At Dreamforce 2011, I met up with a small group who called themselves “girly geeks” for an informal happy hour. They were welcoming and genuine. They were supportive and encouraging. They were fiercely committed to making sure that the voice of women had a place in the Salesforce ecosystem. They rekindled the passion I had for my Salesforce admin work, and inspired me to get involved in both my local community and the online community.
When I returned from that year’s Dreamforce, I started attending my local user group meetups. I started writing a Salesforce blog. And for the first time in my professional life, I started engaging with the Salesforce community online. These things were all very new to me! Especially communicating via the internet in a professional capacity, rather than just in my personal life.
When I first became active on Twitter and in the Success Community, I was anxious about everything I posted. It took me a while to find my “voice” and feel completely comfortable, both as a blogger and as someone sharing information in the community. Over time – and as the internet has become increasingly negative and unkind – I’ve developed some guidelines for how and what I post, and questions that I like to ask myself.
- Be helpful or useful! Don’t post without a purpose. (What is my goal in posting this?)
- Make sure the post is clear, and easily consumable. (Have I made what I want to convey obvious to anyone who might read it?)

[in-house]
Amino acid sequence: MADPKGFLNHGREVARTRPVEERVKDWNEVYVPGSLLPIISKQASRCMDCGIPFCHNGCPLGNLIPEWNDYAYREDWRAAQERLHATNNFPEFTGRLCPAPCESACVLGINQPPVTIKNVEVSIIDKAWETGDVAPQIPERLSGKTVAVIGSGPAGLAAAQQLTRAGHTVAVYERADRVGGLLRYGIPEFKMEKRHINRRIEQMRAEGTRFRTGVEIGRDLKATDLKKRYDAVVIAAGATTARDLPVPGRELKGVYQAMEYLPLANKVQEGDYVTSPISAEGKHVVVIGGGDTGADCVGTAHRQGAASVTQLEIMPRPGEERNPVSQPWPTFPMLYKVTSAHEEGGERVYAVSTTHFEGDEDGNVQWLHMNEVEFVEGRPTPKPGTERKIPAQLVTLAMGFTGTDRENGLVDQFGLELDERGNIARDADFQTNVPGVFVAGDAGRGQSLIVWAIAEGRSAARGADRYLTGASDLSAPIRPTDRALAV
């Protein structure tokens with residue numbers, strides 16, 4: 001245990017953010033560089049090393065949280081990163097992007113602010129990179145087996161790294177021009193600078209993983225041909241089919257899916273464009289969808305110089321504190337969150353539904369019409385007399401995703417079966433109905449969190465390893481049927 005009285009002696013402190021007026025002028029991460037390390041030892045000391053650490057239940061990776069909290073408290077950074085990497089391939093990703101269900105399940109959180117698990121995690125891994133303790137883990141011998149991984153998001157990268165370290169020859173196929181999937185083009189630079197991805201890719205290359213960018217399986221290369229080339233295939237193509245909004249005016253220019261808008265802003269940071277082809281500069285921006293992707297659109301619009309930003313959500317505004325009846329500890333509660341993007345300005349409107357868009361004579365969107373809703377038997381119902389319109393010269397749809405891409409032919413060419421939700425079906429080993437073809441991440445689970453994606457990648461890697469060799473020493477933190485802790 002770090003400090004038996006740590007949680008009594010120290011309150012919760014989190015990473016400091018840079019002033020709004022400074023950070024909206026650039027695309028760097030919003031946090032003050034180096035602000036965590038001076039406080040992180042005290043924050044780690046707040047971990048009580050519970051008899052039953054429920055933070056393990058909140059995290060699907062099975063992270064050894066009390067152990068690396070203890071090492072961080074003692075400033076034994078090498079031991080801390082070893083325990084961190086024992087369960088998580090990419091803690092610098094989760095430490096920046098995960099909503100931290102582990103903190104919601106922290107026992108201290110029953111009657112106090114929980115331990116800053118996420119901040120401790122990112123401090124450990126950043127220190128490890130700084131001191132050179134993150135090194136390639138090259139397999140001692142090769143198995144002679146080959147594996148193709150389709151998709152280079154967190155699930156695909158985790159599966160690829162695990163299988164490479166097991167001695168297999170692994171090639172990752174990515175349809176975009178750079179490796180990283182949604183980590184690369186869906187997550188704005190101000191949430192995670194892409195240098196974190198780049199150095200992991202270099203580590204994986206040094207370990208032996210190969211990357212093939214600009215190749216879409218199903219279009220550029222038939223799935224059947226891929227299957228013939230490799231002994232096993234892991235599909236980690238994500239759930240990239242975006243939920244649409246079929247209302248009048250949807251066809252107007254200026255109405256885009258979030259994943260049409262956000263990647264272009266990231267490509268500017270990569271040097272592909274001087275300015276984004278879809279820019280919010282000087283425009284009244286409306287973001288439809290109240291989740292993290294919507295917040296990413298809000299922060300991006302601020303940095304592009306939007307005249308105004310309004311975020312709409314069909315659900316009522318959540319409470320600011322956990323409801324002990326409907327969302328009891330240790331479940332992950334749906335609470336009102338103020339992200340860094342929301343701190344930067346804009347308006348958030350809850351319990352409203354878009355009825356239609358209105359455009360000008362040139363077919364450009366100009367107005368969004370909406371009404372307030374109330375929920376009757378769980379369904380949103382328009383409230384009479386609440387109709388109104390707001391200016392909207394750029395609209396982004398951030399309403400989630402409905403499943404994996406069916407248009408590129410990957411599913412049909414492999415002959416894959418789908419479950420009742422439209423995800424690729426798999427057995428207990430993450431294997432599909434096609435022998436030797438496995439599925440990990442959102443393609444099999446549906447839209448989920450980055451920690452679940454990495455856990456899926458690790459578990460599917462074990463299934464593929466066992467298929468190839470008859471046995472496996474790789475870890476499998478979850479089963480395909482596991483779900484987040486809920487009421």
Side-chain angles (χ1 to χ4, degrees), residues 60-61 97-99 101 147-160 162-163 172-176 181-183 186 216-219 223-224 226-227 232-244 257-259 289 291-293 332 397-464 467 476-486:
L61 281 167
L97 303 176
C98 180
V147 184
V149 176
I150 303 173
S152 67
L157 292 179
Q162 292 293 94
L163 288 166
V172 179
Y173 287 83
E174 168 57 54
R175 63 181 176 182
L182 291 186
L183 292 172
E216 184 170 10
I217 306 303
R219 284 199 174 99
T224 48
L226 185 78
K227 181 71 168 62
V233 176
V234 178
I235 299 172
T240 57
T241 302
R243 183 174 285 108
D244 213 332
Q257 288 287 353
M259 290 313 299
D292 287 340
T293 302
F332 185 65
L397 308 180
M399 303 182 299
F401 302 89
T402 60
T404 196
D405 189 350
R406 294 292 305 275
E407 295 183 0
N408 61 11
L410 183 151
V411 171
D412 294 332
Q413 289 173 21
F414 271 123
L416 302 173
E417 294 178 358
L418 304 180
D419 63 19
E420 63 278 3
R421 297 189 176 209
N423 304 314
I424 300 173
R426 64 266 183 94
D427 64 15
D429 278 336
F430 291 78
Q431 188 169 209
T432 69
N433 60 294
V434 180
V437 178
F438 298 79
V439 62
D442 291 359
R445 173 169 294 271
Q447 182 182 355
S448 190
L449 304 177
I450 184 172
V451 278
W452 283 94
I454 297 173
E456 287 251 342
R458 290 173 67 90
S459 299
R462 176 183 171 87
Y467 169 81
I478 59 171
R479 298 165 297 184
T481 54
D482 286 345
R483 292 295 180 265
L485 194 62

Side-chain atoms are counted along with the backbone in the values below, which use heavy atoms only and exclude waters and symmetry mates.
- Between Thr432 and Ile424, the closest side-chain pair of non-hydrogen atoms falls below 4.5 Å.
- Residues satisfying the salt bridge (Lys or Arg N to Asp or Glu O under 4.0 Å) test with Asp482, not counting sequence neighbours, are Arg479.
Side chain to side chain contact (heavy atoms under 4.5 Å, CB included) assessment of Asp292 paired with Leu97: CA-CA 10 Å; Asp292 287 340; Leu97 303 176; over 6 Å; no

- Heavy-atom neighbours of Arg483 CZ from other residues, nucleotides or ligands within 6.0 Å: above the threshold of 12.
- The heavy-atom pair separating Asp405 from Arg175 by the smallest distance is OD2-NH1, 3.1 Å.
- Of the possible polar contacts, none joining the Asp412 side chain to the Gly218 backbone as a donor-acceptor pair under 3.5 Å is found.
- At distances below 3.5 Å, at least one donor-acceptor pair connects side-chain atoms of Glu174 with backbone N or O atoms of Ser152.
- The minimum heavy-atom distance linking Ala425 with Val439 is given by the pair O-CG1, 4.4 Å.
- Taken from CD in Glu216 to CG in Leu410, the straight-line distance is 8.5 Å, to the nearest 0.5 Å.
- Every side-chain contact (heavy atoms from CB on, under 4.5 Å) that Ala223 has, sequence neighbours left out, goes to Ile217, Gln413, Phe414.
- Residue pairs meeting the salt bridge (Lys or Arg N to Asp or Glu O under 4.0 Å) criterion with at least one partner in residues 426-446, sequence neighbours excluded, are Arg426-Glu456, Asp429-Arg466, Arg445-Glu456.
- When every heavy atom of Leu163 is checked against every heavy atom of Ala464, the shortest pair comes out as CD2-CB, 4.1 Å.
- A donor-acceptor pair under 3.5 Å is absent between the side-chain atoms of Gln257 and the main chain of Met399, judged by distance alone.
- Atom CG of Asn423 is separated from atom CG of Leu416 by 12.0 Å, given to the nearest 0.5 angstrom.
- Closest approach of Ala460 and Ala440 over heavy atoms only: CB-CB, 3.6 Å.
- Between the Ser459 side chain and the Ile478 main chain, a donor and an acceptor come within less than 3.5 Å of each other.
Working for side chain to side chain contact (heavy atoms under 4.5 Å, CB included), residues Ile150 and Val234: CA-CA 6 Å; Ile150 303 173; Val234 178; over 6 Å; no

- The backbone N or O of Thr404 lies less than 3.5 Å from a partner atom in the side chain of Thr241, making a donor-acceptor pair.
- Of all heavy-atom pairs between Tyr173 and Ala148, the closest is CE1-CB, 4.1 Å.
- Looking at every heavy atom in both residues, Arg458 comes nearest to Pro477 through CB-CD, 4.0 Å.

- Don’t be offensive or negative. (Am I being condescending? Am I reacting to another post without thinking? Am I needlessly debating a point to prove someone wrong?)
- Mean what you say. (Is this really the information that I want to be sharing?)
- Don’t blindly retweet or repost things, especially links to articles. (Did I read the whole article? Do I truly agree with this, enough to share it?)
- Be yourself and speak your mind. (Is it genuine? Is this how I would sound if I said it out loud?)
And one more rule that I have – more for peace of mind than for posting – never, ever base your personal worth of the number of likes, reposts, or retweets you get. It’s awesome when other people share or respond to what you post. But if you posted something because you truly wanted to share it, then that is enough.
These apply to comments/responses to other people’s posts, too! However you participate in social media, mindfulness is key. Think before you post. Be curious, not condescending. Find your voice, be yourself, and have fun with it!
Related post: Making the Most of the Success Community